Tehran has progressively abandoned its commitments to a 2015 nuclear deal, from which then US president Donald Trump pulled Washington out in 2018.
Iran has almost doubled its stock of enriched uranium in less than a month, as it prepares to resume talks with world powers on curbing its nuclear programme.
"We have more than 210 kilogrammes of uranium enriched to 20 percent, and we've produced 25 kilos at 60 percent, a level that no country apart from those with nuclear arms are able to produce," said Atomic Energy Organisation of Iran (AEOI) spokesman Behrouz Kamalvandi, quoted late Wednesday by state news agency IRNA.
Tehran has progressively abandoned its commitments to a 2015 nuclear deal. Since then US president Donald Trump pulled Washington out in 2018, prompting Washington to impose fresh sanctions in response.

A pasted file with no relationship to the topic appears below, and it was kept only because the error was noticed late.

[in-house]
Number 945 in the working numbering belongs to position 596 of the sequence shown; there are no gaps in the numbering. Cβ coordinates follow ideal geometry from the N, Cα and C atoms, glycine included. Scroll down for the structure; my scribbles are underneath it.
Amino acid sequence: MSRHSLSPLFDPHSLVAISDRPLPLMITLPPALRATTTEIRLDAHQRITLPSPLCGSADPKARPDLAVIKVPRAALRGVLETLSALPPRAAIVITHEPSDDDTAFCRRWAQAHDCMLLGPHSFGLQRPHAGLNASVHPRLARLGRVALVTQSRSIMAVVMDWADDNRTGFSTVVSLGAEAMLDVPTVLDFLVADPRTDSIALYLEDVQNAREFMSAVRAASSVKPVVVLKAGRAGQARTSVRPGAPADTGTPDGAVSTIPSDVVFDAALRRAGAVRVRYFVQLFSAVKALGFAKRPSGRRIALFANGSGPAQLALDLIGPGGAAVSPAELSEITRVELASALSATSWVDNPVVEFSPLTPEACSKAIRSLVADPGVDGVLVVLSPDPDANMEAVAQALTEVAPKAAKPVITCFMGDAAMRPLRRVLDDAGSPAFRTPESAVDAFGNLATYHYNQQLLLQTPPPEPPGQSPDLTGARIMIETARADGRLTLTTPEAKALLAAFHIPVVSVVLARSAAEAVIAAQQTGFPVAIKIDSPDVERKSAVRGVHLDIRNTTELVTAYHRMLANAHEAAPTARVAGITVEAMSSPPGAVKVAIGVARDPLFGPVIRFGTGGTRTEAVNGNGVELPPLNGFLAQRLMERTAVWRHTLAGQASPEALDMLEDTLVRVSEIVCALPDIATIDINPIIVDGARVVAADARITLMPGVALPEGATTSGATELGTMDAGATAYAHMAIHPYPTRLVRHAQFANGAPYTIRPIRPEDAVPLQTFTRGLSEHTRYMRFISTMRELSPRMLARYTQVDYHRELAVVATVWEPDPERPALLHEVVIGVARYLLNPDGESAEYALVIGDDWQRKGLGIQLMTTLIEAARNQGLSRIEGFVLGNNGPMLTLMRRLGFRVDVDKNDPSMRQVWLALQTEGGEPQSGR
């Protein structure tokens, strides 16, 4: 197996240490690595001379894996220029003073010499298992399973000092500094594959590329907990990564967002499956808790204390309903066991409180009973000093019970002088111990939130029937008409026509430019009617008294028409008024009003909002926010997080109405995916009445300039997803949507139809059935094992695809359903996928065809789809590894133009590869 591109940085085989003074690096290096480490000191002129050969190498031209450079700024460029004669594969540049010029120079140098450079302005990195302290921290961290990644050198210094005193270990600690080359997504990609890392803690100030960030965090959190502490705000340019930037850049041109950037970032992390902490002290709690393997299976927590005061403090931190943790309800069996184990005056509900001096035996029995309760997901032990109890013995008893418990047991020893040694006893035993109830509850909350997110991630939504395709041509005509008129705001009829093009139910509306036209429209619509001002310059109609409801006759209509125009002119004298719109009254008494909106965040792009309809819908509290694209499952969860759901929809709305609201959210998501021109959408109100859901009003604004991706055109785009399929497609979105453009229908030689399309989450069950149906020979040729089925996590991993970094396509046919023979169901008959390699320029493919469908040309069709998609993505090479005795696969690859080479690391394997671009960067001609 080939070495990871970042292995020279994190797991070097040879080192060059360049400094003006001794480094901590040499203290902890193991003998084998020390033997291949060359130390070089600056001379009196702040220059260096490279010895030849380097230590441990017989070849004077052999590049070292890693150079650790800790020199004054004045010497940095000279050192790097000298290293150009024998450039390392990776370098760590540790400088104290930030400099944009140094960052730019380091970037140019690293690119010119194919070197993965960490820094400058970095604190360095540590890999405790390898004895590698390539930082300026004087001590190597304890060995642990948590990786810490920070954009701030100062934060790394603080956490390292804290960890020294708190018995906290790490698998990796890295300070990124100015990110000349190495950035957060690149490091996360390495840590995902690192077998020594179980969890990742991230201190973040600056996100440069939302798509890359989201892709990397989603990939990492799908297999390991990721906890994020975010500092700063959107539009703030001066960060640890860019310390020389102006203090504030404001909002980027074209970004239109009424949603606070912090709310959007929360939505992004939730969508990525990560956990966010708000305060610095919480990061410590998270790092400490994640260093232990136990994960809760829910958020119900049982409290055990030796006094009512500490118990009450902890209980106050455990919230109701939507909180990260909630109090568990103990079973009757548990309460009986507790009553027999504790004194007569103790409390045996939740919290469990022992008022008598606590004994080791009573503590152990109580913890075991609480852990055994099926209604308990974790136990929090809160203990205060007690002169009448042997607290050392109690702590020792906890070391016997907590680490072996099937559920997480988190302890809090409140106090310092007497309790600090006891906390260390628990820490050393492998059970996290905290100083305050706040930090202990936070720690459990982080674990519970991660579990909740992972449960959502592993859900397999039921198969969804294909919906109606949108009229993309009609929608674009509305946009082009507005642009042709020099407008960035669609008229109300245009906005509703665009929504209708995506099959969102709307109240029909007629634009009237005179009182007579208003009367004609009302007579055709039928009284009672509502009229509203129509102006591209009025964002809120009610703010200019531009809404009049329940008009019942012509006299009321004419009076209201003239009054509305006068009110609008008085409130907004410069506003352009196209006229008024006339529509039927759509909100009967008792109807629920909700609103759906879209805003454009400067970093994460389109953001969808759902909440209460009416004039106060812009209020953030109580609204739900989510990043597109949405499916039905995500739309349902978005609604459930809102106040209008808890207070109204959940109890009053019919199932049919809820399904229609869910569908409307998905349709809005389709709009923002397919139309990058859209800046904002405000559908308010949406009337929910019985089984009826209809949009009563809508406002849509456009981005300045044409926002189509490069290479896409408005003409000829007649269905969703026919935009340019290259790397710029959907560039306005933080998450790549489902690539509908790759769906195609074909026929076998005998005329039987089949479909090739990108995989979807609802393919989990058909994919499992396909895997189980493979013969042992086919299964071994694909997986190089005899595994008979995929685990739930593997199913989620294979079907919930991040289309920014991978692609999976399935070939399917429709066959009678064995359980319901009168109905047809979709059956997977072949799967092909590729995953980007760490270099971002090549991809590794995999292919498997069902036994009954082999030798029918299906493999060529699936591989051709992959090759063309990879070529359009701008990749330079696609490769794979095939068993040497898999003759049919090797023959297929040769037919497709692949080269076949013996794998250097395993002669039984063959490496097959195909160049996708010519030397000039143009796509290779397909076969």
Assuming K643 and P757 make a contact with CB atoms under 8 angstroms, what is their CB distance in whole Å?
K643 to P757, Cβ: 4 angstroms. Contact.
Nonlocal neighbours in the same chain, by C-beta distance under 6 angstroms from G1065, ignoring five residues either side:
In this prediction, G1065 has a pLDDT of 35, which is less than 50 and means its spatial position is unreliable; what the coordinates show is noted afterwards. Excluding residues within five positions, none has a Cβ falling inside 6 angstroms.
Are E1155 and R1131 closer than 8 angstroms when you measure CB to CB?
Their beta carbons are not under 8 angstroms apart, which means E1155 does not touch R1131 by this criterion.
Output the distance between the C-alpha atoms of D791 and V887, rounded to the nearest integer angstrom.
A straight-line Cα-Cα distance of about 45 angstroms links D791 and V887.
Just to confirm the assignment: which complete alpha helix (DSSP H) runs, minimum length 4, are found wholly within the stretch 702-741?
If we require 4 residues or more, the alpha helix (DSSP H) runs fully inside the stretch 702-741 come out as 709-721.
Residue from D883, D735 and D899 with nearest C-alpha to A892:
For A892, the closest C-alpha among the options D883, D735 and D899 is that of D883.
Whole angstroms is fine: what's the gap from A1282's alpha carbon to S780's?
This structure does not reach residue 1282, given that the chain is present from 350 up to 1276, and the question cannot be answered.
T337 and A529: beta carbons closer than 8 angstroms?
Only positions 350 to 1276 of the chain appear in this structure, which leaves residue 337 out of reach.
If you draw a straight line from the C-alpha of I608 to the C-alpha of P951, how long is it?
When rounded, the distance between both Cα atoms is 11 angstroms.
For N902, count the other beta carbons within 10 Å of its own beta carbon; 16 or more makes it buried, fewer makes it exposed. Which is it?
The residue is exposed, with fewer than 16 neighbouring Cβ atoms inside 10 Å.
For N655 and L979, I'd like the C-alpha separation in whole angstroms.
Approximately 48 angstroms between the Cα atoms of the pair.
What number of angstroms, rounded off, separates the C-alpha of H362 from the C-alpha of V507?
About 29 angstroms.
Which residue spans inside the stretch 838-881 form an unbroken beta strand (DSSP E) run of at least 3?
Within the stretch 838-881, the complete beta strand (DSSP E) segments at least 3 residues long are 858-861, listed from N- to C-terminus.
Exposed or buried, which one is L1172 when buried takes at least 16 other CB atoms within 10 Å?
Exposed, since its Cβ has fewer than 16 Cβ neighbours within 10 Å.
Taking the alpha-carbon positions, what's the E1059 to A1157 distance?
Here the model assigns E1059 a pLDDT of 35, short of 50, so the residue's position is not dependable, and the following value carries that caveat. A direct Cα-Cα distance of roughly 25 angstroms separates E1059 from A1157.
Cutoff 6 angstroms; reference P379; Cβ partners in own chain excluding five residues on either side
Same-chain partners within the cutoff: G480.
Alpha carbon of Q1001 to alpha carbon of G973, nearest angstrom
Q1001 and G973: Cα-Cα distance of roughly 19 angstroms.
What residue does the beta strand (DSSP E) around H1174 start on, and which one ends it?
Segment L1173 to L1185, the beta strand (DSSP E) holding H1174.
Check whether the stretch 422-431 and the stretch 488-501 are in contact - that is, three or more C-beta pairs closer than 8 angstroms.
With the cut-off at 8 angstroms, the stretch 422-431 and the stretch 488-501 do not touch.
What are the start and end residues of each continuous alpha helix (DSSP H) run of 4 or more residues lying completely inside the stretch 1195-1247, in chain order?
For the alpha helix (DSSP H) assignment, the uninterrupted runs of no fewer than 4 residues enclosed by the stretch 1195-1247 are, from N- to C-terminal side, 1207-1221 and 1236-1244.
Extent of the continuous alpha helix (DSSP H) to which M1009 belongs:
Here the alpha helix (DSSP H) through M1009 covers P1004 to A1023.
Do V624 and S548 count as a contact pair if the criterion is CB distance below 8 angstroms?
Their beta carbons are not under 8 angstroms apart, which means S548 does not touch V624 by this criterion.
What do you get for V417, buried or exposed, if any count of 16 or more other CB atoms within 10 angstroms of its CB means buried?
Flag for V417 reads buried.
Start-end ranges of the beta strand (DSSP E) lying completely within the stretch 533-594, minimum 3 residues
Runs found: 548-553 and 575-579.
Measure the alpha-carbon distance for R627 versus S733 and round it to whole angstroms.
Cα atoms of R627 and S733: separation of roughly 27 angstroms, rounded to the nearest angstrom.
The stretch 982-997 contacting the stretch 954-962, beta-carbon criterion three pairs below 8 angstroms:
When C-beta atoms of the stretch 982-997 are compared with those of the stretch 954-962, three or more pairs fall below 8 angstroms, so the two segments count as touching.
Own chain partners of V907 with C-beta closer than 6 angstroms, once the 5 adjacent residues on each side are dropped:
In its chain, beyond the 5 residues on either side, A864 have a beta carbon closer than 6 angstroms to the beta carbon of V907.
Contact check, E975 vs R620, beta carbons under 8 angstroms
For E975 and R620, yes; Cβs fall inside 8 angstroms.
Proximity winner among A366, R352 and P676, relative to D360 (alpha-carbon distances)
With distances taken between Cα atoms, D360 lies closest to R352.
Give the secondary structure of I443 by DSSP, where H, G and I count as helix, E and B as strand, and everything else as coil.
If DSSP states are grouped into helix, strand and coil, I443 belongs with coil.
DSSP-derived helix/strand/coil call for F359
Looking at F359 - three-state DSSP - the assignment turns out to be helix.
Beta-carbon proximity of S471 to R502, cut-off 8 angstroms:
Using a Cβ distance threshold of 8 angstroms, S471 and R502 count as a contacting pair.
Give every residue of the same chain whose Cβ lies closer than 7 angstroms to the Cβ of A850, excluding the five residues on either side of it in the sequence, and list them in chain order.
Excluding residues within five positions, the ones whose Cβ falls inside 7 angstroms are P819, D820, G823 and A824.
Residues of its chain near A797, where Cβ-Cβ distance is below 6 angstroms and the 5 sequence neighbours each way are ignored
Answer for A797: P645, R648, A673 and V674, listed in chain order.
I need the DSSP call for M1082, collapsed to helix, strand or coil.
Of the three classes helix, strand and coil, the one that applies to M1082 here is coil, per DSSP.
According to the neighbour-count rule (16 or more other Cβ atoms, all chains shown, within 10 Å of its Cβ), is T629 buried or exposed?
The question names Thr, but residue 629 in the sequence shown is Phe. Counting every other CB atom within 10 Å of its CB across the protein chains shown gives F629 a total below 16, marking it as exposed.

In September, the International Atomic Energy Agency confirmed that Iran had boosted its stocks of uranium enriched above the percentage allowed in the 2015 deal.
On October 10, AEOI head Mohammad Eslami said his country had produced more than 120 kilos of 20-percent enriched uranium, in theory allowing the manufacture of medical isotopes used mainly in diagnosing certain cancers.
READ MORE: IAEA: Iran adds advanced machines enriching uranium at Natanz
Breach of pact?
Iran was not meant to enrich uranium above 3.67 percent, well below the 90-percent threshold needed for use in a nuclear weapon.
The 2015 agreement with Britain, China, Russia, France, Germany and the United States, offered Iran some sanctions relief in return for curbs on its nuclear programme.
Nuclear negotiations between Iran and world powers are to resume on November 29.
Iran has always insisted its nuclear programme is for peaceful purposes.
READ MORE: Iran ups uranium enrichment to 60 percent - UN watchdog